We woke up early and headed off to see the oldest temple in Tokyo. It’s called Senso-ji, and it was founded in 628. (That’s not a typo. There’s not a “1” missing at the front. Six-twenty-eight!) Here it is:
We hung out there for about an hour (and took 14 million photos, which all pretty much looked the same). Then we walked slowly through this strip of stores:
I bought a delicious fried pumpkin treat here . . .
. . . and laughed at the signs here:
No disrespect intended. The “broken” English that I heard and read throughout the trip was way better than my Japanese — but it still amused me.
Another thing I heard was constant talk of “cherry blossoms.” Cherry blossoms this. Cherry blossoms that. I even heard about it before the trip. “OMG, you’re going to Japan?! Take some pictures of the cherry blossoms for me!!” I’m not kidding. But there was a problem: the winter had been extra-cold, so the cherry blossoms weren’t yet in bloom. You’ve seen the famous video of Allan Iverson saying the word “practice” over and over, right? That’s basically me with the cherry blossoms. I truly don’t get it. Did you notice the fake cherry blossoms three photos up, poking out above the stores? This country is obsessed with cherry blossoms. Cherry blossoms?! Seriously?! For some reason (a concentrated beam of sunlight, perhaps), there was ONE fully-bloomed cherry blossom tree. We found it a bit later in the day at Ueno Park. Click the link that I just provided. Do you see the caption under the photo? Here, let me repeat it: “visitors enjoying the cherry blossoms.” I’m aware that the people who obsess over cherry blossoms would probably say, “Baseball?! Seriously?!” but whatever. We’re not talking about baseball. We’re talking about cherry blossoms. And here they are:
Okay, fine, it was beautiful, and I suppose that seeing an entire mountainside of it would be rather nifty, but I still don’t get it. I mean, I *get* it but don’t personally feel the wonder and passion. “Thats cuz you didn’t see the whole mountainside in bloom!!” I need to choose my words carefully or else I’ll start getting hate mail from the Japan Cherry Blossom Association, and yes, that organization really does exist. Can we stop talking about cherry blossoms now?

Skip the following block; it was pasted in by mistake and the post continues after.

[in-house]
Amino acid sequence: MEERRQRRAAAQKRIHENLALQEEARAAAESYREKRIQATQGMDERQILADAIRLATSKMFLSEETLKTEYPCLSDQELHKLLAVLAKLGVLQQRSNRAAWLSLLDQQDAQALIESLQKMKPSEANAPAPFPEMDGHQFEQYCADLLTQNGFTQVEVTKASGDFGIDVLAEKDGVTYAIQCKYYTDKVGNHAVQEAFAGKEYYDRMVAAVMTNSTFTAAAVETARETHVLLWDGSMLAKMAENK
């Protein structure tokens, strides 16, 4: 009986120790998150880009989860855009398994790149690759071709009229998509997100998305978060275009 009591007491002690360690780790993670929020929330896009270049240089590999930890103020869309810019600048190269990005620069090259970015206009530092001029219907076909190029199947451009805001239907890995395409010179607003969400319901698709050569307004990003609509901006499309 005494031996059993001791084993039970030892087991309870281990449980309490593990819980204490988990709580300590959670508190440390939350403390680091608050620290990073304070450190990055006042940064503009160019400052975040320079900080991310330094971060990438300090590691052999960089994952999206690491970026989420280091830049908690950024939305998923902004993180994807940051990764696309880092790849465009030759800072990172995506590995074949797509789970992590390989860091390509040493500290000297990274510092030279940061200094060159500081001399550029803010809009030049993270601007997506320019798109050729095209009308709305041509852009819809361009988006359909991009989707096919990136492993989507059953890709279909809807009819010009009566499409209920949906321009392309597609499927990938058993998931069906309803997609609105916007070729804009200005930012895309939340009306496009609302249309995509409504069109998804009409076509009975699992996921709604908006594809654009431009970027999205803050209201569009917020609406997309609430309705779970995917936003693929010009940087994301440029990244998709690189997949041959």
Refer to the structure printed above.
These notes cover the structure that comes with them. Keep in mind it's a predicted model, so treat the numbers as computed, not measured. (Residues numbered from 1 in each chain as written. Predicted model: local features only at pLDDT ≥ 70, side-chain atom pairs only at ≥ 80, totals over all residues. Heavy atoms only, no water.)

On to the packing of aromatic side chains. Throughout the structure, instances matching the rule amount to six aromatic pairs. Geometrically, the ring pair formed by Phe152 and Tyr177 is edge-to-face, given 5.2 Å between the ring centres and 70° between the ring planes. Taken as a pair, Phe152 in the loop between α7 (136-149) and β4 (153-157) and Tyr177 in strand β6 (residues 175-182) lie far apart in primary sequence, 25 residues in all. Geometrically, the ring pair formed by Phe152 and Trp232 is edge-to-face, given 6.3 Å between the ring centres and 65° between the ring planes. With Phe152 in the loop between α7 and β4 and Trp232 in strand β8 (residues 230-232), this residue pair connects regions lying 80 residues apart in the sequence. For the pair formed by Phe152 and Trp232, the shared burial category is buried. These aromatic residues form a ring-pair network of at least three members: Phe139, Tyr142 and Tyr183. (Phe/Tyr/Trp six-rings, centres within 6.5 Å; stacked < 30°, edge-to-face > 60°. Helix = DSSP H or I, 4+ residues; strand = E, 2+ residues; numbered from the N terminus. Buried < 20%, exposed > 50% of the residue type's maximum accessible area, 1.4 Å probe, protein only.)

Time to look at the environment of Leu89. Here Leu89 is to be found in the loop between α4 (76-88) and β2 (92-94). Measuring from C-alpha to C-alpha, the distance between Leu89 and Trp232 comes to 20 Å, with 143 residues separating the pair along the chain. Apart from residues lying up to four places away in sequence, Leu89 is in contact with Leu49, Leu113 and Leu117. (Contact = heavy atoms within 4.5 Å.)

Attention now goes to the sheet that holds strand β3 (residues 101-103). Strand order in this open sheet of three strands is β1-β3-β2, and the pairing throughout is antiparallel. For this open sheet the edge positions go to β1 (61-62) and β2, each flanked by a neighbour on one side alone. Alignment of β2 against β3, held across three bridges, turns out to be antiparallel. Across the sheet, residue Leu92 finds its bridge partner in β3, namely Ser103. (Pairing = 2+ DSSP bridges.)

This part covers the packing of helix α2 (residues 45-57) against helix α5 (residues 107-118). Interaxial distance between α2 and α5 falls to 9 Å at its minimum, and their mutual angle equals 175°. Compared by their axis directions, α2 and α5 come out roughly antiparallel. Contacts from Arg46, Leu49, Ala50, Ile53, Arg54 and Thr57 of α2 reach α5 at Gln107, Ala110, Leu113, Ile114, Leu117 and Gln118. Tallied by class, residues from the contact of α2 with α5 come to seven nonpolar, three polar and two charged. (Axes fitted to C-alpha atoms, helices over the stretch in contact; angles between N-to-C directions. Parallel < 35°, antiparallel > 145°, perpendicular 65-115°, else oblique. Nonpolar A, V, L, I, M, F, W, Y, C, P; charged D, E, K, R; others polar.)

We found a bustling market near the park . . .
. . . and saw all sorts of “food” for sale:
We also saw a bunch of stores (if that’s the word) that specialized in those “grabber” games. Here’s one of them:
Our next destination was an electronics-centric neighborhood called Akihabara. Check out the funky architecture there:
Here’s some more:
As you can see, it was the video game capital of the world. I was excited to see an entire building devoted to Taito:
(The cherry blossom enthusiasts are saying, “Video games?! Seriously?!” Someone should invent a video game with cherry blossoms, and then everyone’ll be happy.)
Taito, for the 99.9999 percent of you who have no reason to know or care, is the company that developed my favorite video game of all time: Arkanoid. Unfortunately the game was nowhere to be found inside the Taito building, but look what I got to play instead:
As much as I love classic video games, I had no idea that “Vs. Super Mario Bros.” was different from the original, so I was surprised to see subtle differences like this:
The original has a solid ceiling of bricks overhead in that spot. According to Wikipedia, the later levels are completely different. If I’d known that at the time, I would’ve kept playing — and my mom and half-sister would’ve abandoned me there.
Soon after leaving the Taito building, we passed this:
We did briefly poke around inside this place . . .
. . . which was devoted entirely to anime. I took a few photos inside, which apparently violated some serious rule. I say this because an employee stormed over and shouted “Delete!” and stood next to me and eyed my camera as I erased the few pictures one by one. (Awkward!)
Here’s some more funny English for you:
Did I mention that a large percentage of Japanese women dress like schoolgirls? I happen to like that look . . . on certain people . . . with a specific body type. Here’s a good example:
And finally, here’s a good example of contradictory behavior:
Only in Japan.